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Lord Addington: My Lords, it has been suggested to me that as the delayed discharges legislation did not cover hospices, there has been considerable slowness in discharging people from hospices to spend their last few days at home when they wish to do so. Will the Minister look into the matter to see whether it needs legislation?
Lord Hayhoe: My Lords, in view of the splendid work that is done by children's hospices, has there been an increase in the support that is given to children's hospices from public funds in recent years?
Lord Warner: My Lords, more money has been going into hospices generally, as is recognised in the Health Select Committee's report. As to children's hospices, we know that the Big Lottery has provided £15 million to expand those facilities in recent years.
Lord Laming: My Lords, I am sure that the Minister would wish to pay a warm tribute to the many volunteers
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who contribute so much to that work. Does he also agree that it is very important that those volunteers are not exploited?
Lord Warner: My Lords, the noble Lord is absolutely right. A good deal of palliative support for people who are coming to the end of their lives is provided by volunteers, sometimes in hospitals and sometimes in people's own homes. I am sure that everybody in this House pays tribute to that splendid work. It is right that such people should not be exploited. The Government are expanding public services in those areas to achieve a good partnership between volunteers and public services.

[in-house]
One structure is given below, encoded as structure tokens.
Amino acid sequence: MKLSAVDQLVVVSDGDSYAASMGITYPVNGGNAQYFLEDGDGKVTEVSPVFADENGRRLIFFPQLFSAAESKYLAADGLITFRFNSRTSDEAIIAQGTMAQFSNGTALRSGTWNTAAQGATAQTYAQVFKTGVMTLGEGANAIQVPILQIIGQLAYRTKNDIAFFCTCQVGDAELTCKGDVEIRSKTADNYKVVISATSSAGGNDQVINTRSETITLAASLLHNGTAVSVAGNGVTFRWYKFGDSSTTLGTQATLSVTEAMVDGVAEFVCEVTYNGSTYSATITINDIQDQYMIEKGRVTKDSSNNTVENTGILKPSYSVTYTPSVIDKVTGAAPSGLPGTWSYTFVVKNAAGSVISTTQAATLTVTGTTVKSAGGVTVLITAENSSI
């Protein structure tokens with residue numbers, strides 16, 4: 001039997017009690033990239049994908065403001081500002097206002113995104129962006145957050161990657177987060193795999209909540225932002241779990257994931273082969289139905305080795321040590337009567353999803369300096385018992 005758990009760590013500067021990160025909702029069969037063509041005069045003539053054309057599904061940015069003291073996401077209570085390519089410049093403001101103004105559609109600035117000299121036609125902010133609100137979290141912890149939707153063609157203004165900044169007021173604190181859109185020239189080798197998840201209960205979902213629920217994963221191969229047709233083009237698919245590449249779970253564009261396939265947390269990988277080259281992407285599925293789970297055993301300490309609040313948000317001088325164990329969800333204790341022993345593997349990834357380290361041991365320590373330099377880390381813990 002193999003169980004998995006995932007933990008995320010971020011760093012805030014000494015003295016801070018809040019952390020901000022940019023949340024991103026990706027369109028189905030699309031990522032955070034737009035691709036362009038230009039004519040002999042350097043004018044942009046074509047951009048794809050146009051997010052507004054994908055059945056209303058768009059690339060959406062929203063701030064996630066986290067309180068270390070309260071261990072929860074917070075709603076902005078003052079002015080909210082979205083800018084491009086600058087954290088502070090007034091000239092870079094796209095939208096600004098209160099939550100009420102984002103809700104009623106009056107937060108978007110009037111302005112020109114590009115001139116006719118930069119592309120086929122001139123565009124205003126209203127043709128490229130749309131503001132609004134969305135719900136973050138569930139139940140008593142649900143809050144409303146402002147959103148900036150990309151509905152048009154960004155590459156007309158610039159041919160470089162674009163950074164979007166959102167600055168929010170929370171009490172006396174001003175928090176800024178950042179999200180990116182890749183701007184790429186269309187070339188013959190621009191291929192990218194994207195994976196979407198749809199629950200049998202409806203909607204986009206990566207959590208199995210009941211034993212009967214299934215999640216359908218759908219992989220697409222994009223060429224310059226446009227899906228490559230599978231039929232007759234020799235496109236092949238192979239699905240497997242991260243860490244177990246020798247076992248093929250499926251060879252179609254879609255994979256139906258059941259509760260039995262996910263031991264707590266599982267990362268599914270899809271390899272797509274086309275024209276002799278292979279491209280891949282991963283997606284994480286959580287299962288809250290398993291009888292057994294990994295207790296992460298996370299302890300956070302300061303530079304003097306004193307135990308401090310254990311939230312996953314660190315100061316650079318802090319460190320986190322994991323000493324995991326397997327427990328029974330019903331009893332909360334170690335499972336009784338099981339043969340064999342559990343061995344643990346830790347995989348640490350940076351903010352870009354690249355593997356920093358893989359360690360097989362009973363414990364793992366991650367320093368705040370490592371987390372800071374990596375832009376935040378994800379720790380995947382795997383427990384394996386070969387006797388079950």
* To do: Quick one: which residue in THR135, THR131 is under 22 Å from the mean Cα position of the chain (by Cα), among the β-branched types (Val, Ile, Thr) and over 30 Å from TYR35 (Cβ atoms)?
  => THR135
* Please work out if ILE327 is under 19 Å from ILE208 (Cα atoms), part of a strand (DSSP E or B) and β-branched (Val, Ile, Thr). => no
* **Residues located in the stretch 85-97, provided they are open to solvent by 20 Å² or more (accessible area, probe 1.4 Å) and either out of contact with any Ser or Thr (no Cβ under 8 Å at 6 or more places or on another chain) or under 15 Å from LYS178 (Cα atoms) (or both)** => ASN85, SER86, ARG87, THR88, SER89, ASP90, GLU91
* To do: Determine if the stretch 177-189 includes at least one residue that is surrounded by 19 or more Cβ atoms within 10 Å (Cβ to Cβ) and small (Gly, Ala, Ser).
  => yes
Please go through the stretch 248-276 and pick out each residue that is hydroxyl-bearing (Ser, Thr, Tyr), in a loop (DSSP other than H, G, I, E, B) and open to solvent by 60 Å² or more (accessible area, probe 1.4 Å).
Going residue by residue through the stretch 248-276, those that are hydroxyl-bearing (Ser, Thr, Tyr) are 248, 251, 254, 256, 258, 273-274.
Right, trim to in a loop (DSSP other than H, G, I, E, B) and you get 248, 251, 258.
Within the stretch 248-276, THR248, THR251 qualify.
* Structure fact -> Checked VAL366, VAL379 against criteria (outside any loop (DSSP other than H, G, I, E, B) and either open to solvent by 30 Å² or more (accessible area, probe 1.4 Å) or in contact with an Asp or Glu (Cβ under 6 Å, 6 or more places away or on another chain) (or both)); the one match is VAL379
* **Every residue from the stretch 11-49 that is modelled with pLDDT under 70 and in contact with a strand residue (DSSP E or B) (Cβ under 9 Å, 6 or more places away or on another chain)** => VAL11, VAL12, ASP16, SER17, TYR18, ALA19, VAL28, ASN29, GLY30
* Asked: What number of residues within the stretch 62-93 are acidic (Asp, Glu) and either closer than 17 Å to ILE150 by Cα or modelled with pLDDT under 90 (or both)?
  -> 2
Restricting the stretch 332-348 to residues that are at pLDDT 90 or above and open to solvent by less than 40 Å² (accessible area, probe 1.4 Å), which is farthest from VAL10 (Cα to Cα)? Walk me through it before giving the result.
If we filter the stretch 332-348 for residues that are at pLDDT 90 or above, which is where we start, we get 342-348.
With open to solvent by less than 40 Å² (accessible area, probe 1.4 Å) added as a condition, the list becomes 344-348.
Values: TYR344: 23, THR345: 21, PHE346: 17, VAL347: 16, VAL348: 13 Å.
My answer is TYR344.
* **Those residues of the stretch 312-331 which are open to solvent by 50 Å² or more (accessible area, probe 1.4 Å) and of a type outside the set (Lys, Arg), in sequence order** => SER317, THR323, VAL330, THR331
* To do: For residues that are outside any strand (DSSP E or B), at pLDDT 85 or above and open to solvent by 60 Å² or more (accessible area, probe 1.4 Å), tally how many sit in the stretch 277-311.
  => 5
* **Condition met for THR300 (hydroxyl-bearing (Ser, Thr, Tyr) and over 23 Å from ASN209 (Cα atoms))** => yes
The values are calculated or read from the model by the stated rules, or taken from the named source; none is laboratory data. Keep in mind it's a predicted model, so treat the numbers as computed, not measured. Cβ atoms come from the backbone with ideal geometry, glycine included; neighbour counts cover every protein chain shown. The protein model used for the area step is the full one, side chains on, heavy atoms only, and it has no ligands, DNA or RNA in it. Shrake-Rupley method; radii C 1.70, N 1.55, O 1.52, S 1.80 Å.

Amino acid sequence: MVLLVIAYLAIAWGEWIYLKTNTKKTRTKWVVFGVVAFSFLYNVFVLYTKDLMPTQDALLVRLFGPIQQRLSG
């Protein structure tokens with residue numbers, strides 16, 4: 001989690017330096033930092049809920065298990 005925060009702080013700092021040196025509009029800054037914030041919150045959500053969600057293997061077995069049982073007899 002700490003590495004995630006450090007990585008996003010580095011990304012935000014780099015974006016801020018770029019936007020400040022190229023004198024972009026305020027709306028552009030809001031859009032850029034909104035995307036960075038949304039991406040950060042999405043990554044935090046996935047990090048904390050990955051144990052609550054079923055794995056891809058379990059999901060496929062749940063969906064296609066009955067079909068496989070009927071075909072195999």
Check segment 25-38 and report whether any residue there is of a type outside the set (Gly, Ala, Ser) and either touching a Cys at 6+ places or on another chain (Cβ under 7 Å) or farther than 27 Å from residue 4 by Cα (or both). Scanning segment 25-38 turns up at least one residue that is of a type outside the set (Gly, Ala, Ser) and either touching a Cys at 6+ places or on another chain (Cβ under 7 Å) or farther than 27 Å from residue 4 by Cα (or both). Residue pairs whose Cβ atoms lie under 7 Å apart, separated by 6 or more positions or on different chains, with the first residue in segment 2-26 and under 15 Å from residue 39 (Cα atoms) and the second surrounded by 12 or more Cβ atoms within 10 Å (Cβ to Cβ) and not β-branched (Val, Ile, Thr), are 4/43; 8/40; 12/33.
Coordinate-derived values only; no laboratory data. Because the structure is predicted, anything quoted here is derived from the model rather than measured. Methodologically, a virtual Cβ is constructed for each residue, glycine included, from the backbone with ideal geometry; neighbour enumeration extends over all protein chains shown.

The Parliamentary Under-Secretary of State, Department for Culture, Media and Sport (Lord McIntosh of Haringey): My Lords, the Inland Revenue continuously tries to make self-assessment as easy as possible. It has made changes recently which will give more than 2 million taxpayers an easier task. Many will no longer be required to complete a return, and others will be able to use a short tax return. The Inland Revenue has also enhanced the online system to offer taxpayers a wider range of services. Those who file electronically benefit from online help to prevent obvious mistakes in their returns.
Lord Dubs: My Lords, I welcome the Answer given by my noble friend. It shows that online self-assessment is a very efficient method for the taxpayer and for the Inland Revenue. Why then are there certain categories of individuals who are not allowed do their self-assessment online, which include Members of this House and of the other place?
Lord McIntosh of Haringey: My Lords, I am not allowed to do my return over the Internet and nor is my noble friend Lord Dubs. This is not a secret; I have discussed it with him. The reason is that there are special handling arrangements for those whose links with their employer apparently ought not to be disclosed for security reasons. However, it is true that a number of Members of this House are not able to file electronically and it is the intention of the Inland Revenue to reduce that number as far as possible and to make arrangements so that all Members can file over the Internet.
Baroness Noakes: My Lords, the last set of public service agreements had a 50 per cent target for electronic filing. That was subsequently refinedI think that is the termto 25 per cent for self-assessment. Will the Minister explain why the latest public service agreements
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contain no target for such filing? Is it because all the evidence points to the fact that these targets would simply not be met?
Lord McIntosh of Haringey: My Lords, the number of people who file electronically is increasing every year. There were over 1 million at the end of January this year; 1,080,000, I think. The total number of self-assessments is 9.5 million out of 30 million. My understanding is that Inland Revenue targets have been met in previous years.